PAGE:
Jose Arrieta, the Department of Health and Human Services chief information officer, abruptly resigned today.
Arrieta said in an interview with Federal News Network that he told senior leadership he would be leaving the agency after only 16 months.
“It has been pretty intense since March with a lot of activity around the pandemic. We’ve had a number of cyber events and launched HHS Protect. We have got it to point where it’s fully functional and only some small technical things need to be addressed. We have been transparent with data and pushed boundaries. The leadership in technology is ready to lead us through this fall,” he said. “I want to spend time with kids, who like most kids are going to school online. This is a good opportunity to work with them because learning via Zoom isn’t easy for 5 and 8 year olds. I’m sad to leave people in HHS and the OCIO office is the best group I’ve ever worked with. This is the most I’ve felt at home during entire career.”
Arrieta said he was unsure when his last day would be, saying he told Secretary Alex Azar he could be as flexible as needed to ensure a smooth transition in the CIO’s office.
Arrieta becomes the second senior technology official to leave HHS in the last month. Todd Simpson, the chief product officer for HHS, left in July to be a deputy assistant secretary for DevSecOps at the Department of Veterans Affairs.
With Arrieta leaving, the HHS CIO’s office will be missing two key leadership positions and Robin Collins already is acting deputy CIO for enterprise services, meaning only Janet Vogel, as the chief information security officer, and Chambers are permanent executives.
Arrieta’s departure also marks the third CIO to leave in the last two years. He replaced Beth Killoran, who moved to the General Services Administration, and Ed Simcox served in an acting role.
No details about who will take over as CIO on an acting basis were available.
Arrieta’s decision to leave is surprising. He had only been in the CIO’s role since April 2019, and was an usual choice from the start.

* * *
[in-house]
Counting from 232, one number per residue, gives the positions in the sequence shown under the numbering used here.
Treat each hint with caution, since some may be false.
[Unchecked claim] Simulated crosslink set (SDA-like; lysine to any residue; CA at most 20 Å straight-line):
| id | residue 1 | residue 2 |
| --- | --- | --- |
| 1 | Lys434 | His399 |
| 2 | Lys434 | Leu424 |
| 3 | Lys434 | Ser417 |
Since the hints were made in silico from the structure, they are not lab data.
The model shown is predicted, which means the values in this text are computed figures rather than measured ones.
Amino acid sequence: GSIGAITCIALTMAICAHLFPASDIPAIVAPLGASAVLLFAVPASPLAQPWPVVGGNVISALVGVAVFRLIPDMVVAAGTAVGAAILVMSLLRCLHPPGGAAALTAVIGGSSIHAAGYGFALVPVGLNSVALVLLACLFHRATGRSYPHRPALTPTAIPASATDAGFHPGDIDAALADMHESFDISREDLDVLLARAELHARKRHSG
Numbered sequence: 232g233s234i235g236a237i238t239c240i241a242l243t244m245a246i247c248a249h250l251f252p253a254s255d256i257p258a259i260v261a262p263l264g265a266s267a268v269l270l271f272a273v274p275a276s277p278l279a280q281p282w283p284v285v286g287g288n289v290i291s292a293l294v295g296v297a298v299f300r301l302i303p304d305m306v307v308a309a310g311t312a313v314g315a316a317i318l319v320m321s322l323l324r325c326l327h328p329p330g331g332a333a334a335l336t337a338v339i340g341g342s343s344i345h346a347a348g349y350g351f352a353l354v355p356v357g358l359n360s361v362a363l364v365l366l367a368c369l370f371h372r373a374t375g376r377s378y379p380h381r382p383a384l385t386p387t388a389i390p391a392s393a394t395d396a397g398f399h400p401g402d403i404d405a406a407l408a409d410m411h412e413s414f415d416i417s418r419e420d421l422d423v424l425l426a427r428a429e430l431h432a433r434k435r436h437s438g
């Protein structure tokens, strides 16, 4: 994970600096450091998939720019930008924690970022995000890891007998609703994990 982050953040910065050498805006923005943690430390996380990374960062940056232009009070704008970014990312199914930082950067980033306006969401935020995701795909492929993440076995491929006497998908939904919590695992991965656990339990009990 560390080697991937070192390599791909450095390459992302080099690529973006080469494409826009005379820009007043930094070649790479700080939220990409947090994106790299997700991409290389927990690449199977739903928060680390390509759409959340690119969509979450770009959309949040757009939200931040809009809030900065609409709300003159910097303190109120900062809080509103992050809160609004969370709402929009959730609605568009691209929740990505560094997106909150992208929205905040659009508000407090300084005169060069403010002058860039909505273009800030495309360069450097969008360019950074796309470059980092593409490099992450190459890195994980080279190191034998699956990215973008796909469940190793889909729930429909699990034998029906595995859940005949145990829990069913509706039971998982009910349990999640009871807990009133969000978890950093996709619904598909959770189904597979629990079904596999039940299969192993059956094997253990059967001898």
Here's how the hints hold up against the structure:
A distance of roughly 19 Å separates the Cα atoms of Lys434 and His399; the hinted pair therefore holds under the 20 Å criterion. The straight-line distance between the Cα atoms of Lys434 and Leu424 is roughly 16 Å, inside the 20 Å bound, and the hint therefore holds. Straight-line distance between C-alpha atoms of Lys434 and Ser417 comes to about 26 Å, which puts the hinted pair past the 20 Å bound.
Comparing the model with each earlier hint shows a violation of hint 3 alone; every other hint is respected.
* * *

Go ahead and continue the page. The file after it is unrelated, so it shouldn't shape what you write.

But in his short tenure, Arrieta focused on IT modernization initiatives around the network and data.
He said in July, HHS upgraded its network to include adding more capacity for its virtual private network to handle the surge in telework during the coronavirus pandemic.
On the data front, HHS worked with Palantir to create a coronavirus data collection platform called HHS Protect, which pulls together more than 200 datasets from about 8,000 hospitals to create a common operating picture of the spread, impact and behavior of the virus. Arrieta said in July that the data from HHS Protect feeds into the report White House Coronavirus Task Force Coordinator Dr. Deborah Birx receives every night on the status of COVID-19 infection rates in the country.
Additionally, Arrieta focused on using emerging technologies like artificial intelligence and machine learning to focus on his customer needs as well as save money.
He said in February that the CIO’s office helped cut $20 million-to-$25 million out HHS’s operating costs. Arrieta said today HHS has seen a cost avoidance savings from strategically sourced contracts of $200 million this year, while his office’s customer service rating increased to 67% from 26% in one year.
“We’ve tried to cut out layers of overhead. We’ve tried to focus in directly on the customer and move the customer to the center of everything we do with the idea of standardizing the way we do business on different platform capabilities that we currently have and then sharing those platform capabilities across our customer base to actually push our costs down,” he said earlier this year.
Arrieta said he doesn’t plan to apply or work in the private sector in the short term. He said he will take a month or two, or more, to figure out what comes next.
“We pushed really hard across all my priority areas. We lowered our operating costs. We moved to commercial cloud and we hardened our cyber posture. I think we hit it out of the park in each priority area,” he said.
HHS’s IT budget in fiscal 2020 is $6.6 billion and it requested $6.4 billion in 2021.
On the most recent Federal IT Acquisition Reform Act (FITARA) scorecard, HHS earned a “C-“grade for the third grading period in a row. HHS, which made significant progress in December 2018, fell backwards particularly in the fact the CIO still doesn’t answer directly to the HHS secretary or deputy secretary. CIO authorities around budget and oversight remain a problem and the agency doesn’t have a working capital fund for IT modernization as authorized under the Modernizing Government Technology Act.